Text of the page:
The Hobbit: The Battle of the Five Armies

Director: Peter jackson (2014)

Fighting on too many fronts is never a good idea and this epic fantasy trilogy comes to an underwhelming close.

Scale is epic and design is stunning and performances suitably large and loud but sadly the massive battles and computer effects are better than the storytelling of the human (elf, hobbit or dwarf) dramas.

This should be a straightforward tale of greed set against the backdrop of a brutal battle. But instead it becomes confused and stuck in a quagmire of subplots as too many minor characters fight for screen time.

Fili or possibly Kili aside, the company of dwarves are lost in the morass while cowardly Alfrid lickspittle (Ryan Gage) is crow-barred in to offer comic relief and clutter the over-stuffed cast list.

Hobbit Bilbo (Martin Freeman) is virtually a spectator and Gandalf (Ian McKellen) does little better. This is a shame as Freeman brings rare moments of contemplative quiet among what is otherwise a ferocious and overextended dust up.

Elf Legolas (Orlando Bloom) is levered in to silly effect and the dwarf/elf romance between Fili or possibly Kili and Tauriel (Evangeline Lilly) is developed and is even more unconvincing than it sounds.

Five Armies begins where the last film, The Desolation of Smaug, ended, with a brilliantly exciting attack by the dragon Smaug on Laketown.

He is stopped by heroic bowman Bard (Luke Evans) and with Smaug’s death, dwarf Thorin (Richard Armitage) becomes king of Erebor but his obsession with gold is turning him insane.

Elf lord Thranduil (Lee Pace), riding a giant moose and heading his golden army, joins up with Bard’s men to  challenge Thorin.

But they all unite when legions of orcs arrive and the skull-splitting slaughter begins. Arrows fly, swords crash and heads roll as armoured trolls, goats, pigs, eagles and a free-falling bear drop into the action.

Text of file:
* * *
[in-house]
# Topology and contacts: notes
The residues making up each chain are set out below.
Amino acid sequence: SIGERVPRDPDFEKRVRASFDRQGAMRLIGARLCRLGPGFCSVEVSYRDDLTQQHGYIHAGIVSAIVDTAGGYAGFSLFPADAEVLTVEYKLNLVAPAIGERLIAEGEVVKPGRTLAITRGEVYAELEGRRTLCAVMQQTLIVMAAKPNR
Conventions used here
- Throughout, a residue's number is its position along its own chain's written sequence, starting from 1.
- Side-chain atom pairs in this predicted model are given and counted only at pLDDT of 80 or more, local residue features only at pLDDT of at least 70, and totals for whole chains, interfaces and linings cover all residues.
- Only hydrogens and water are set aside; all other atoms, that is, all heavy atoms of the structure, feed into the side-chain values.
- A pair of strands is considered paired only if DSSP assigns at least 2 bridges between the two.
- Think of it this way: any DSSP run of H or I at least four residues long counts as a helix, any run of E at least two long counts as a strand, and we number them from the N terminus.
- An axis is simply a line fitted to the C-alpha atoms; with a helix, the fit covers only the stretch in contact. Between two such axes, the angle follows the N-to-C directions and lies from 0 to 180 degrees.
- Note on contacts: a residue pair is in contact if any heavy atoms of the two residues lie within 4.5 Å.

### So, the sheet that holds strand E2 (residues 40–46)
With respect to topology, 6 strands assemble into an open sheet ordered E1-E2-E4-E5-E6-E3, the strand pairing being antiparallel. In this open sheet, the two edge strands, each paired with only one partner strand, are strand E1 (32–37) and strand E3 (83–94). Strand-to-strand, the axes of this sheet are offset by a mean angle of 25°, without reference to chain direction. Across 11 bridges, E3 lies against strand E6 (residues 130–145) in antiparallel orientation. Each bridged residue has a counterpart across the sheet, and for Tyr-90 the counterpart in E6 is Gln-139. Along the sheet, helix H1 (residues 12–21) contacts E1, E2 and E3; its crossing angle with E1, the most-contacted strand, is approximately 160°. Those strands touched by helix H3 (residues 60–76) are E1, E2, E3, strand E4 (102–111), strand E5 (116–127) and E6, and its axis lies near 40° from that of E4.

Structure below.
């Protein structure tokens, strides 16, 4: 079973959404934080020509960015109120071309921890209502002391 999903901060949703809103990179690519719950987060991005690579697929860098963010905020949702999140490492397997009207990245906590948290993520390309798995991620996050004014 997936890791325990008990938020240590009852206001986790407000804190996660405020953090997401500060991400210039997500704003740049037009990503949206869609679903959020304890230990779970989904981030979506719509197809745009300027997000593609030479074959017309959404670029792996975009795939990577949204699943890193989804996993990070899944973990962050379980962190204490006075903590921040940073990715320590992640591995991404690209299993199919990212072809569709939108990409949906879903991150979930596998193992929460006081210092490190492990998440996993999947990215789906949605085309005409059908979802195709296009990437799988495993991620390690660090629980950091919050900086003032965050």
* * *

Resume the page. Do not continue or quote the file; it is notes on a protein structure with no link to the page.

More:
The action and design are spectacular and the film dovetails nicely  into the first Lord of the Rings movie.

By trying to hit too many targets, the previously sure-sighted director Peter Jackson misses the mark.


The Hobbit: The Desolation of Smaug

Director: Peter jackson (2013)

This second part of The Hobbit trilogy is a brilliant combination of solid gold action and spellbinding fun.

It looks glorious – from the magnificent and enormous mountain kingdom to the tiniest gold coin. The furnaces and forges are massive, built on a Herculean scale worthy of my native Teesside. The music is thunderously epic, scenery stunning and the action fantastic.

On top of all this there are dark and scary elements. Paranoia, corruption and madness are never far from the surface in the script.

There are big changes to Tolkien’s book in the confrontation between Bilbo and Smaug, plus there is an entirely new character called Tauriel (Evangeline Lilly).

She’s a kick-ass elven warrior who supplies some welcome female warmth among the bushy-browed band of brothers though her story arc may be an invention too far Jackson.

Underpinning this amazing adventure are the captivating characters of Gandalf the wizard, Bilbo the hobbit and dwarf chief Thorin, portrayed with charm and talent by Ian McKellen, Martin Freeman and Richard Armitage.

The horde of squabbling dwarves are played by the same actors as in the previous film and Orlando Bloom returns as the elvish prince Legolas.

Gandalf goes off to investigate the mysterious Necromancer, meanwhile Thorin continues to lead his dwarves on their quest to rightfully reclaim their Lonely Mountain kingdom from Smaug the dragon.

The superbly animated fire-breathing monster, who rests on a hill of gold, is voiced with chilling reptilian menace by Freeman’s Sherlock co-star Benedict Cumberbatch.

In one of 2013’s best action sequences the heroes shoot down a river in barrels while being chased by both elves and orcs.

Bilbo and the dozen dwarves are attacked by giant spiders, imprisoned by elves and captured by men yet the ferociously paced Hobbit is still packed with humour.

They use swords, arrows, knives and axes to fend off orcs, wolves and giant bears while lurking at the end of their quest, a ferocious fire-breathing dragon.

With much enthusiastic slaying, smiting and beheading, our heroes, ride, run and fight their way through streets, forest and caverns, from the diseased and dangerous Mirkwood forest to the ramshackle Laketown and into The Lonely Mountain itself where it ends in a flash – of gold and fire.